Samsung PM1733 NVMe Drive - Very Slow

RCS

New Member
Jul 27, 2018
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I purchased a Samsung PM1733 7.68TB NVMe drive for a build I'm working on.

This morning I installed it and quickly threw Ubuntu 18.04 onto it to do some testing/benchmarking for the whole system.

Speeds are WELL below the stated 7000MB/s read that Samsung advertises.

hdparm returns the following:

Code:
/dev/nvme0n1:
Timing buffered disk reads: 4284 MB in 3.00 seconds = 1427.57 MB/sec
I found this thread about the PM1735 and the poor performance. Speeds seem similar to what I'm getting.

Is there anything I can do or should I not even bother wasting my time with this drive and just get something from Intel?

I had a similar issue with another Samsung enterprise drive I bought last year, but thought it was just a bad drive. Regretting buying this one now :(

Edit: Oddly enough the write speed seems to be normal at around 4.4GB/s (actually it's higher than the rated 3.8GB/s!)

Screenshot (79).png
 
Last edited:

acquacow

Well-Known Member
Feb 15, 2017
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I'd recommend benchmarking multi-threaded workloads on it using the "fio" benchmark tool vs hdparm/etc.
 

UhClem

Member
Jun 26, 2012
54
22
8
NH, USA
Or, for a "quickie" proof of concept on the multi-threaded workload, do:
Code:
for i in 0 50 100 150 200 250
do
hdparm -t --offset $i /dev/nvme0n1 &
done
(and add up the speeds).
 

RCS

New Member
Jul 27, 2018
17
0
1
Or, for a "quickie" proof of concept on the multi-threaded workload, do:
Code:
for i in 0 50 100 150 200 250
do
hdparm -t --offset $i /dev/nvme0n1 &
done
(and add up the speeds).
Thanks for that. Results are around the same.

Code:
1024 MB in  3.00 seconds = 341.26 MB/sec
1024 MB in  3.00 seconds = 341.12 MB/sec
1022 MB in  3.00 seconds = 340.45 MB/sec
1026 MB in  3.00 seconds = 341.73 MB/sec
1024 MB in  3.00 seconds = 341.06 MB/sec
So 1704MB/s. Still underperforming by a huge margin.

To complicate things even further, when I use the GUI benchmark test and increase the sample size from the default 10MB to 100MB or 1000MB, I get a massive increase in read speed. With 1000MB sample it's pretty much exactly where it should be.

100MB:

100mb.png


1000MB

1000mb.png

So, the drive is capable of achieving it's rated speeds... But only on specific benchmarks? The 1400MB/s with hdparm is still concerning.
 
Last edited:

UhClem

Member
Jun 26, 2012
54
22
8
NH, USA
Try adding the --direct option to both the original/single-thread and for-loop/multi-thread hdparm tests.

[Going through system buffers (when testing a device) is often counter-productive.]
 

RCS

New Member
Jul 27, 2018
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Try adding the --direct option to both the original/single-thread and for-loop/multi-thread hdparm tests.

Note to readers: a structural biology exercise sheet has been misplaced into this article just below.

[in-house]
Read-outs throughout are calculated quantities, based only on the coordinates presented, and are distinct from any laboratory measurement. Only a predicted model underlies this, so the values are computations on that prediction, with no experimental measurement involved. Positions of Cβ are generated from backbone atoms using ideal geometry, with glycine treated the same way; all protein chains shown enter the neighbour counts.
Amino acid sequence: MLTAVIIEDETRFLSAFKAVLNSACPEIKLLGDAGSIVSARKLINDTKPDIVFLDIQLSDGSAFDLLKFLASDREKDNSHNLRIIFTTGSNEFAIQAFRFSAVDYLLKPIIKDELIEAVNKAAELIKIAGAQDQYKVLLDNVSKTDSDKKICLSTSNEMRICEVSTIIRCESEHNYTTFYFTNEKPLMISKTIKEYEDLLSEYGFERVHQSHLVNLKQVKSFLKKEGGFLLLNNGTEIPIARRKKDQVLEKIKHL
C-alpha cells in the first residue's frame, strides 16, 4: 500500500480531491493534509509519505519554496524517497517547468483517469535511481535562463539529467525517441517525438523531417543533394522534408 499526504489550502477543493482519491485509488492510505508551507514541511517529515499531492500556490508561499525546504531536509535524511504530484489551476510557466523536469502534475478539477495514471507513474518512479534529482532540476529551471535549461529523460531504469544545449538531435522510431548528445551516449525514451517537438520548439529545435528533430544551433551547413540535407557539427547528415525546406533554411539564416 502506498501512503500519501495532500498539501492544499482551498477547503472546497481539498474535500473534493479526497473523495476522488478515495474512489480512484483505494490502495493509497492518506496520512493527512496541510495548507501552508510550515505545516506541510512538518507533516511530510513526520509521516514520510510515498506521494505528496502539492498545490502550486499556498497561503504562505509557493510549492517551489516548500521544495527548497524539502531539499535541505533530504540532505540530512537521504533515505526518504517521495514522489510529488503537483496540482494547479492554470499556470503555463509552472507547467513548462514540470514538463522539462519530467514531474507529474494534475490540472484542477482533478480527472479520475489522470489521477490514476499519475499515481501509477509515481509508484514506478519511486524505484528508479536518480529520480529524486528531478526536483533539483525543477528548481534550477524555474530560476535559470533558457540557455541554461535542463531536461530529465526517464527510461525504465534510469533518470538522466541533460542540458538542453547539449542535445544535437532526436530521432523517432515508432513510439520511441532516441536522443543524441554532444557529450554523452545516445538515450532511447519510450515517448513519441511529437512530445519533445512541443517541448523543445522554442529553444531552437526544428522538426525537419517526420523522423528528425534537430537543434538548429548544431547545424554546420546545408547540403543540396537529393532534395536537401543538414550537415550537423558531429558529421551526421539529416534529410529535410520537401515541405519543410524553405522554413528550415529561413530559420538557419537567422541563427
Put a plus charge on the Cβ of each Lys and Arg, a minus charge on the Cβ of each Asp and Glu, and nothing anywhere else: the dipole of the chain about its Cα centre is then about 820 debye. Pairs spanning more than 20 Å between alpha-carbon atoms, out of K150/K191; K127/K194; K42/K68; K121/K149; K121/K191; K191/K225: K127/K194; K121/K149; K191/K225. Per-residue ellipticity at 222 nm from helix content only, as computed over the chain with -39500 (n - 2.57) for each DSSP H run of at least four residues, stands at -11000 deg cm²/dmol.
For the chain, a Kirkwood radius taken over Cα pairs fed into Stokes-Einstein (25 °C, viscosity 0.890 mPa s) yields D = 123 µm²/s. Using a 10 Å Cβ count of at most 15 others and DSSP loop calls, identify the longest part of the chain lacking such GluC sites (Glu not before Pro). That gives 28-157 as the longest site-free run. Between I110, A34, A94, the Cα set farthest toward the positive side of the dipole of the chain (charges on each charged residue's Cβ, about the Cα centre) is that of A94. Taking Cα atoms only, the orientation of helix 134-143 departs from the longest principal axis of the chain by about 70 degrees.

[Going through system buffers (when testing a device) is often counter-productive.]
Timing O_DIRECT disk reads: 4614 MB in 3.00 seconds = 1537.71 MB/sec

Possibly a slight bump in perf but around the same.
 

RCS

New Member
Jul 27, 2018
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So I did some benchmarking with "fio" using the PM1733 drive as well as another 970 EVO I had laying around. Here are the results:

As info, this is an EPYC 7002 system so the PM1733 is running at PCIE 4.0.

speed results.png

The 970 EVO does very well with 64K blocks, and (surprisingly to me) poorly with 4K blocks, especially with only one job. It's able to max out both its read and write perf benchmarks with 64K blocks and 16 jobs. Also interesting is the massive perf difference between read and randread results.

The PM1733 is the opposite, doing very well (still below perf benchmarks from Samsung) with 4K blocks, and poorly with 64K blocks. The best read result was 4126MB/s with 4K blocks and 8 jobs, still pretty far from the stated 7000MB/s max. Write speeds seem normal, as they did in my other tests.

I'm not entirely sure what to make of this yet, but thought I would post my findings anyways.
 

bilbo1337

New Member
Sep 18, 2020
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Maybe it's something with power settings? I know a lot of enterprise drives they can be configured
 

acquacow

Well-Known Member
Feb 15, 2017
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63
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Oh, yeah... make sure C-states and P-states are disabled in your BIOS... those will have some effect on peak performance.
 

RCS

New Member
Jul 27, 2018
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0
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I messed around with block size and number of jobs more afterwards, and got totally different numbers.

(I didn't finish all the randread and write tests as I was less interested in those)
Screenshot (104).png

As you can see, I started getting over 7GB/s (slightly over the rated perf) on jobs with larger block sizes. With 2 or 1 jobs, the drive would start to throttle down to 2GB/s after 15-20 seconds, this wouldn't happen with 4+ jobs and the read speed would sustain for the entire test.

So the drive is definitely capable of the rated speeds, but doesn't always perform the same. For example, 64K blocks with 8 jobs was a test I did in the initial run, and only got 2.2GB/s, the second run with the same test I got 7.4GB/s... The only thing that changed was a reboot of the system.

I'll check the BIOS out again. I don't think I've ever seen P-states or C-states listed anywhere.